Saturday, December 8, 2007

Saturday's Forage

Today (12/8) took us to Rich Farm in Oxford, CT for raw milk, New Morning Natural Foods for various sundries, including Murray's Chicken, and Waldingfield Farm in Washington, CT.

Murray's chickens are local to Pennsylvania. They are humanely raised by a number of family farms in PA. They are not given growth hormones or antibiotics. They guarantee that all of their retailers are within 300 miles of their farms. Okay, so not 100 miles for me, more like 200, but given the issues with getting chickens in CT (regulations), this is as good as it is for now. I'm not giving up, but Murray's is not Perdue either.

The drive to Waldingfield Farm was lovely...from Oxford, through Southbury and Woodbury...looked like a postcard from Connecticut. I met Patrick Horan (one of three brothers running the farm) last week at the Sandy Hook Holiday Farmer's Market. He had lots of jars of his pasta sauce. The organic tomatoes are from his farm, the basil, onions, and garlic are from friends (in CT), and the olive oil is of course, from the world.

I am Italian (4th generation American, but still full-blooded Italian) and I generally do not eat pasta sauces that are not made by blood relatives. It's not snobbery per se; let's just say that my expectations have been well managed over the years. But seeings how I am in the dark days of winter and did not spend many of the light days of summer "putting by" the local bounty, Patrick's sauce, if it worked out, could be a life saver.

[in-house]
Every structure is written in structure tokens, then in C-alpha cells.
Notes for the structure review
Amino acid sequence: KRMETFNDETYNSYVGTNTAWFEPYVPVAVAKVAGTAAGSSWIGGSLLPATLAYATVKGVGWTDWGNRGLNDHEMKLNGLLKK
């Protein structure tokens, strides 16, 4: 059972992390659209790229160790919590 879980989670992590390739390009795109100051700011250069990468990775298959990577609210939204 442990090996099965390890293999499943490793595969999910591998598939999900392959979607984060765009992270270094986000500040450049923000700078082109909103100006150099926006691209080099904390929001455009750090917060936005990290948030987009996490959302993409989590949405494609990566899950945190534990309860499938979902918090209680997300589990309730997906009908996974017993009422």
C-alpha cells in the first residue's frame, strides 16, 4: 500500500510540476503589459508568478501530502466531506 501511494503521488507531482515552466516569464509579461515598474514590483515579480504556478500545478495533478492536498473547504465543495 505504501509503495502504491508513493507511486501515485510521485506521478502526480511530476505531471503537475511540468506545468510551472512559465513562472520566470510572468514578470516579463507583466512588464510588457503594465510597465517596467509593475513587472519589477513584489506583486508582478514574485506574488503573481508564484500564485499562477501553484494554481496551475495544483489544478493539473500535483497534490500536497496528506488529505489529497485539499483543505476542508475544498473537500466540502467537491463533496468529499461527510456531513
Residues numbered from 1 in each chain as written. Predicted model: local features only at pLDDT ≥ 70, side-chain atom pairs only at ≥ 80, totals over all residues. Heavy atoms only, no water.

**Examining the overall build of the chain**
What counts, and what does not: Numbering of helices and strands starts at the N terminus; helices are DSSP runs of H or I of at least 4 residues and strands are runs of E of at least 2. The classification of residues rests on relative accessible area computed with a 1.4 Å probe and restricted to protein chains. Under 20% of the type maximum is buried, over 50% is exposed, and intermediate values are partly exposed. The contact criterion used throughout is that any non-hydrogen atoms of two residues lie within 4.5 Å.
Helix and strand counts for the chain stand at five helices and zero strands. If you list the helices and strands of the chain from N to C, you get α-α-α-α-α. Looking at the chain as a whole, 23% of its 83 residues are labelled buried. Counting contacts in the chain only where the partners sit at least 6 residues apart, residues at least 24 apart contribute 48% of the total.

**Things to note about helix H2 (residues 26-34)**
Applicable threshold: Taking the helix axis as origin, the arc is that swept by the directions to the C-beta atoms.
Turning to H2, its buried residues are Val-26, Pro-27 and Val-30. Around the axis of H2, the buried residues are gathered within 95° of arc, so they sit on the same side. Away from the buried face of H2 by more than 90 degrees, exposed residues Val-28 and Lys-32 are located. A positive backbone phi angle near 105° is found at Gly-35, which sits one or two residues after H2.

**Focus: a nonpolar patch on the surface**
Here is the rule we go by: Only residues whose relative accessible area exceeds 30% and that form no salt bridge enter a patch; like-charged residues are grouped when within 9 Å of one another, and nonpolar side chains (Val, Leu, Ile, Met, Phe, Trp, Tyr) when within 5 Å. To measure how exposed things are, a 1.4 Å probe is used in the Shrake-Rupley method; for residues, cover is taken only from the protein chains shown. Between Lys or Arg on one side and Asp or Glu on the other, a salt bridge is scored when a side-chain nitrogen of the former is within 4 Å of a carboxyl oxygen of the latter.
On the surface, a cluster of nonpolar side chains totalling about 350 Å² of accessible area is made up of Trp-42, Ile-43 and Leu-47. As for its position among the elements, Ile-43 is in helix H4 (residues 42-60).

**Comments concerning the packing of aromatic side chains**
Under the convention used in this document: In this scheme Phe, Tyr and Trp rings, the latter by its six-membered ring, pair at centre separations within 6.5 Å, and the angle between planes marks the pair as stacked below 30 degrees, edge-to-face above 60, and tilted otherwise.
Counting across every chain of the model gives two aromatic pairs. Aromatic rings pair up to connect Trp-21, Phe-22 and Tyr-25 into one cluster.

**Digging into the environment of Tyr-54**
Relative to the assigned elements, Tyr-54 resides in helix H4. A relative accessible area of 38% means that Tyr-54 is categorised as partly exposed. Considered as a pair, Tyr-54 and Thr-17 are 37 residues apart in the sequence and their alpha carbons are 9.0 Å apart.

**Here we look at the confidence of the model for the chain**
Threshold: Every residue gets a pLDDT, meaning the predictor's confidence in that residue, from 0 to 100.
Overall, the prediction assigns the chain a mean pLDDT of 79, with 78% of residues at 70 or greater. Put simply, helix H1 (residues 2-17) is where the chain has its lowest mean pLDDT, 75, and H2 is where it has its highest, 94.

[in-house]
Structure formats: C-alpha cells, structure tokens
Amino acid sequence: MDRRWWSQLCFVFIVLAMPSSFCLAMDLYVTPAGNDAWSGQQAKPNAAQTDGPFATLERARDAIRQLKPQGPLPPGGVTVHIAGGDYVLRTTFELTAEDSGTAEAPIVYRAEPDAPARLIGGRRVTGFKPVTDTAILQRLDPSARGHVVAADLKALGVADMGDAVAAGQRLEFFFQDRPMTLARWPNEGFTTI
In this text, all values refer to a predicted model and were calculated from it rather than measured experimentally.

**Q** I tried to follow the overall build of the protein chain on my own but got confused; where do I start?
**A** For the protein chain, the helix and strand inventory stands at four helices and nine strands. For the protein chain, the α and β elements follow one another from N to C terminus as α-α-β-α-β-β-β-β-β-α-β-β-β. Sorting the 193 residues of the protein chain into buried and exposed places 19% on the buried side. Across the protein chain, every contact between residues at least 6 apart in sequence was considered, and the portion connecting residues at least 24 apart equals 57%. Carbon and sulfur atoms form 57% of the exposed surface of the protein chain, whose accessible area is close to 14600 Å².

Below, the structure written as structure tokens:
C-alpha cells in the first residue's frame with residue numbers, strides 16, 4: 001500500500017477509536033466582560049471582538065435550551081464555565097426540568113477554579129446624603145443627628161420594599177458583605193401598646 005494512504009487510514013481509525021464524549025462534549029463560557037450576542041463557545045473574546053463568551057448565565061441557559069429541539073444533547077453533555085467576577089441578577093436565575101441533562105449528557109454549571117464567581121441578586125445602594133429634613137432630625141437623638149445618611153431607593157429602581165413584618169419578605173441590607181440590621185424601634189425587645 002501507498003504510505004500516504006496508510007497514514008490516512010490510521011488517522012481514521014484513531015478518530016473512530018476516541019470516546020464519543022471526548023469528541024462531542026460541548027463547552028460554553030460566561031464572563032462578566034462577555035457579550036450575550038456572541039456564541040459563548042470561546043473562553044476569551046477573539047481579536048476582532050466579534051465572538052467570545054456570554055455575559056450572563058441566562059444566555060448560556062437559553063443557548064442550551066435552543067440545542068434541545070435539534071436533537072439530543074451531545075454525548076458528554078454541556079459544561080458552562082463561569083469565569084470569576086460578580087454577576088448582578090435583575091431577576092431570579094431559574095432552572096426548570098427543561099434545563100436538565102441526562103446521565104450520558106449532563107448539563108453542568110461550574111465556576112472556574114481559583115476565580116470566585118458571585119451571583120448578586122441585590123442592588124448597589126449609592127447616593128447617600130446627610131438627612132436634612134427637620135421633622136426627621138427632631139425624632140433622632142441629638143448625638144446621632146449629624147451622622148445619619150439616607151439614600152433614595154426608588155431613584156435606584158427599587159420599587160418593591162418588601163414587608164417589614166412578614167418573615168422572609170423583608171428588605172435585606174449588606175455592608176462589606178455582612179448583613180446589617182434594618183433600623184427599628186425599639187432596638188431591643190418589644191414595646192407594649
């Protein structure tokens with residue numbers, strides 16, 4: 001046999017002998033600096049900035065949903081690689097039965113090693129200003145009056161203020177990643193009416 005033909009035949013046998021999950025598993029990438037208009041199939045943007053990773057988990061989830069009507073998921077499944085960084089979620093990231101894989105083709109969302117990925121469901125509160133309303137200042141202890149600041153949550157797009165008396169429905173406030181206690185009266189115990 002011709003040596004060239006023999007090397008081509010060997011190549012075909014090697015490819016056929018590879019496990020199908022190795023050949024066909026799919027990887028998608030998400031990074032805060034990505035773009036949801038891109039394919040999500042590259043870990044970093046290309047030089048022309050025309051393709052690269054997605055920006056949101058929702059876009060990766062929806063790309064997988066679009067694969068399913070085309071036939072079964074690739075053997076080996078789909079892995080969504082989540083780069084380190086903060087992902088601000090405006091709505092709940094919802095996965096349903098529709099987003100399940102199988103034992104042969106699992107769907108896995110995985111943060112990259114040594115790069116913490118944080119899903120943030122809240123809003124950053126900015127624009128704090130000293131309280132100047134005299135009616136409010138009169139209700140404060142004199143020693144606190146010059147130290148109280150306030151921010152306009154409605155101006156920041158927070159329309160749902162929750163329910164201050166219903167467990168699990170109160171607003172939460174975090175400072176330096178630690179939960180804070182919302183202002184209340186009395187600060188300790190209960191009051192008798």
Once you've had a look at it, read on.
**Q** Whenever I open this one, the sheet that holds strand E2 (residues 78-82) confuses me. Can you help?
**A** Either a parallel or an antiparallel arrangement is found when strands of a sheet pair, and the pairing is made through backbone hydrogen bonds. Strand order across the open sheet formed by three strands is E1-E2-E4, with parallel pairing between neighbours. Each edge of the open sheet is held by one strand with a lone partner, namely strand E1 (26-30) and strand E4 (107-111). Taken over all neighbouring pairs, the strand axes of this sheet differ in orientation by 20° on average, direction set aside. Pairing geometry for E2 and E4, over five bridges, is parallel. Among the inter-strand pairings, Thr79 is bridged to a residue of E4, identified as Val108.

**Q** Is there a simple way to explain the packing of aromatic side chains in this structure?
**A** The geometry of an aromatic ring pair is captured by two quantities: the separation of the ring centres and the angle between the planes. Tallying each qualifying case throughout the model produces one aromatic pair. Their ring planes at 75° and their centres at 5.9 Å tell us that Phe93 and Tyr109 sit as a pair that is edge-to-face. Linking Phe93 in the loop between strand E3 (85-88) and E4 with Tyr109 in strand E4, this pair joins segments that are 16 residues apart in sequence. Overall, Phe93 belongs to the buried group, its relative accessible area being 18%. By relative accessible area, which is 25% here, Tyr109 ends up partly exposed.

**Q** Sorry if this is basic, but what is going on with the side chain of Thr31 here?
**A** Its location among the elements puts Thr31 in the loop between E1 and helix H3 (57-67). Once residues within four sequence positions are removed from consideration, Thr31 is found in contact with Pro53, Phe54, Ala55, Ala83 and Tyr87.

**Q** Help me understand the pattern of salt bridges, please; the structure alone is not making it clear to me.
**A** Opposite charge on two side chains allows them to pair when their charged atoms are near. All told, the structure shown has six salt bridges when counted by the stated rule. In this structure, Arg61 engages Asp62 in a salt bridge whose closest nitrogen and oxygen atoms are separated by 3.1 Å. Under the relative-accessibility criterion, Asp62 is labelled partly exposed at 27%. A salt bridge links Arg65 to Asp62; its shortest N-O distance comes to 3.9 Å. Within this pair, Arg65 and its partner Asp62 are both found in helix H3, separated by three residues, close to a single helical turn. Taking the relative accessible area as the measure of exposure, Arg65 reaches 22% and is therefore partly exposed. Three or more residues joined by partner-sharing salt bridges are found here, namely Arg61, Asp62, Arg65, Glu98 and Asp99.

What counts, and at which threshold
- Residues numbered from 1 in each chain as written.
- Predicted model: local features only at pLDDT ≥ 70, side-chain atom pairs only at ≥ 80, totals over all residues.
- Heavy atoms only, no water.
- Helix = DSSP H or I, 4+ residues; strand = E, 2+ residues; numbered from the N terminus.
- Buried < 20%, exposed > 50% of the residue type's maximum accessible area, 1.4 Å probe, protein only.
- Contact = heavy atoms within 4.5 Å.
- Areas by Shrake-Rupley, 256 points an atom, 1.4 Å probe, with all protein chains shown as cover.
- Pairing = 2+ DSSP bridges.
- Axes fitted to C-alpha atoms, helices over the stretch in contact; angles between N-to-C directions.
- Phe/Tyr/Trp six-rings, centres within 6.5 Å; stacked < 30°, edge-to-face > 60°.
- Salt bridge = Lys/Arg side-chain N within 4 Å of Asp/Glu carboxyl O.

Well, it worked out. It is a delightfully delicious marinara. I'm jealous because it takes me longer to make one pot of marinara than it took him to make 5000 jars. The recipe is Waldingfield's and is produced at Palmieri's in New Haven, CT. According to Patrick, it's "one of the last old school Italian tomato processing facilities around."

This pasta sauce is good, real good. It has a good flavor. So I went to his farm in search of more.

I met his parents and his brother Quincy, the full time farmer. It turns out that the farm first belonged to their mother's grandfather and has been in the family ever since. I met the dogs too, although I forget their names (because I'm a cat person). But they were good dogs.

Anyway, I left with a case of pasta sauce and very happy.

By the way, those who know me are probably flipping out that I'm calling this "pasta sauce." Well, that's what the Waldingfield folks are calling it. And it is a marinara (meatless), so the name "sauce" applies. The meat-based, red tomato, divine-simmered-all-day-Sunday stuff is still gravy in my vocabulary. No meat = sauce. Meat (pork & beef) = gravy.

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